2. Offerpop. I’ve planned dozens of social media promotions for clients, so I’ve tried out quite a few different apps. I started with Wildfire Application back in the day, but, when Google stole them away (as of this month, they’ve actually parted ways again) and upped the price to play, I was out. As of this month, I’m totally crushing on Offerpop. It offers a wide range of products across social platforms- Facebook, Twitter, Pinterest, Instagram, even Tumblr and Vine!- and it’s not lacking on options for promotions, from Pinterest contests to Facebook and Twitter sweepstakes. Maybe most importantly: It’s so easy to get along with! We can draft customized content for each promotion, and the text instructions and image dimensions are out there for everyone to see. So, our graphic designer can easily come up with visuals and drop them in- no coding needed (although, there are CSS options for those who want to get real fancy and add greater customization).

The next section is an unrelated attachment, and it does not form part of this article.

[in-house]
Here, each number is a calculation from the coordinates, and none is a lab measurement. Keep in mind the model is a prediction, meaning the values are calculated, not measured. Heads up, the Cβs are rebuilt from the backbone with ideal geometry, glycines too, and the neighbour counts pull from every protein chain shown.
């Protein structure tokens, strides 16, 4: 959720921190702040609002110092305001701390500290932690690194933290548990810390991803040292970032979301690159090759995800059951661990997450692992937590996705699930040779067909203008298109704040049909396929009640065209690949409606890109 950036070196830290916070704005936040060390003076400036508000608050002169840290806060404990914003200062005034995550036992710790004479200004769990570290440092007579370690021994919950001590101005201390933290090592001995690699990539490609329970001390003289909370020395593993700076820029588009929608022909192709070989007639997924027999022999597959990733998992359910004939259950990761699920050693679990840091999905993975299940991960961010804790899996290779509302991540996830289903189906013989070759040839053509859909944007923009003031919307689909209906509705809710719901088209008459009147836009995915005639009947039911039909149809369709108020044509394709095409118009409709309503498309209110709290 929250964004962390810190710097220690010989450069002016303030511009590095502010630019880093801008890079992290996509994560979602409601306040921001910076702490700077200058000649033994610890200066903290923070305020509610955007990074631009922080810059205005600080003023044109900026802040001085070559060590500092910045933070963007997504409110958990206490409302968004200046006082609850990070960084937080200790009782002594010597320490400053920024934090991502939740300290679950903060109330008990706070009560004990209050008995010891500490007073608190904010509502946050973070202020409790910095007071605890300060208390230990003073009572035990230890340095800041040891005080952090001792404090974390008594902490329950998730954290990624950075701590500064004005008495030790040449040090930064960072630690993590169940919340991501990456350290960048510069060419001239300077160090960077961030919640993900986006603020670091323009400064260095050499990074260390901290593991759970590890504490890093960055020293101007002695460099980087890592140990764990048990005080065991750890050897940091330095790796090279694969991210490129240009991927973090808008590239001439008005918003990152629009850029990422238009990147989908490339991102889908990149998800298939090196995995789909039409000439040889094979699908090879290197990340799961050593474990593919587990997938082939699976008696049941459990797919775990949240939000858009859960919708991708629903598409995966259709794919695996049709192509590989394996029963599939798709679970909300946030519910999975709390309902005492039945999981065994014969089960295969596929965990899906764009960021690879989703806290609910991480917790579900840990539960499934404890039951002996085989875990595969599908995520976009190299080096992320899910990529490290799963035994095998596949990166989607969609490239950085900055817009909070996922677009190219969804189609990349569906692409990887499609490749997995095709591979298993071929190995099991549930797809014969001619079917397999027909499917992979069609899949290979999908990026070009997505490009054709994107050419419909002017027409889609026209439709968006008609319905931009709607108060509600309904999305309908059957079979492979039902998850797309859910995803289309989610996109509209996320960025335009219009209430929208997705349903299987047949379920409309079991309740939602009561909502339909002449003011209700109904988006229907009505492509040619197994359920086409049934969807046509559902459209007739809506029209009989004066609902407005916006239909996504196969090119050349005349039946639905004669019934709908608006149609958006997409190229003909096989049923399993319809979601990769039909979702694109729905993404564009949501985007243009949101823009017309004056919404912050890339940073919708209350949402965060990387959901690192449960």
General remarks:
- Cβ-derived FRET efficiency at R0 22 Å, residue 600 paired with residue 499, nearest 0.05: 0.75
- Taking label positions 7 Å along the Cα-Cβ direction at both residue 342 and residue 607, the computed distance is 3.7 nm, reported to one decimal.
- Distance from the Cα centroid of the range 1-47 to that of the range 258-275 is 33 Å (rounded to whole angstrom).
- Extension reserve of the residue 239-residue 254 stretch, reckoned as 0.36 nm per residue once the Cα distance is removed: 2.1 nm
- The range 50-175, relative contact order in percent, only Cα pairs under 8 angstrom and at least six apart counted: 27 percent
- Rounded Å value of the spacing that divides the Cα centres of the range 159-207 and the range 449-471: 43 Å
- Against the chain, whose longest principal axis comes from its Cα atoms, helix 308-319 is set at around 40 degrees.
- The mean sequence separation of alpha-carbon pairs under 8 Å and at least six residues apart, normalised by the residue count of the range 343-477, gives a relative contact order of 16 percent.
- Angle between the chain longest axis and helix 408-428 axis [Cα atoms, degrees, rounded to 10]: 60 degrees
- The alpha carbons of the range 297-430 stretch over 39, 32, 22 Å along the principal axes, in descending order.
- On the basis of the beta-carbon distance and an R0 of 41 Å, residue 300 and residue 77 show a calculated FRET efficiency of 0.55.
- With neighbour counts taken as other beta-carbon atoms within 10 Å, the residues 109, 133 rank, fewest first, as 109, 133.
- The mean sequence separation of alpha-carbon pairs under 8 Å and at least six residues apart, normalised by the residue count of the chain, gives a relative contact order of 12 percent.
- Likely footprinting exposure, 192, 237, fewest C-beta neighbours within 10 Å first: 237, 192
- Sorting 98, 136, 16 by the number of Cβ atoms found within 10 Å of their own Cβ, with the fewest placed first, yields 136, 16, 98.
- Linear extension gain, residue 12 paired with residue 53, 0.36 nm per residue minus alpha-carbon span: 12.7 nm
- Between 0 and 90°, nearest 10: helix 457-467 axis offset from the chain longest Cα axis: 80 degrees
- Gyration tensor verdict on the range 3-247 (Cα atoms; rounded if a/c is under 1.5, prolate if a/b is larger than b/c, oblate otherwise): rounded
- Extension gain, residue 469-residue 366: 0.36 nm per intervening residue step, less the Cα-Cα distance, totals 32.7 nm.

3. PromoJam. Speaking of third-party promotional apps, PromoJam has earned a spot on my favs list. While it doesn’t have quite the number of promotion options as Offerpop, it is significantly more affordable (about $30 each month for a basic account), so it works well for one-off Facebook promotions and for clients with limited budgets. The interface is very user-friendly and easy to work with, and it, too, requires no coding, so promotions can be set up quickly and are customizable. I’ll also give them kudos for good ol’ customer service- I had an issue a couple of weeks ago setting up a promotion on a client’s Facebook page, and they (meaning real, live people on the phone!) were all over helping to fix it. I’ll be signing up for another date, PromoJam.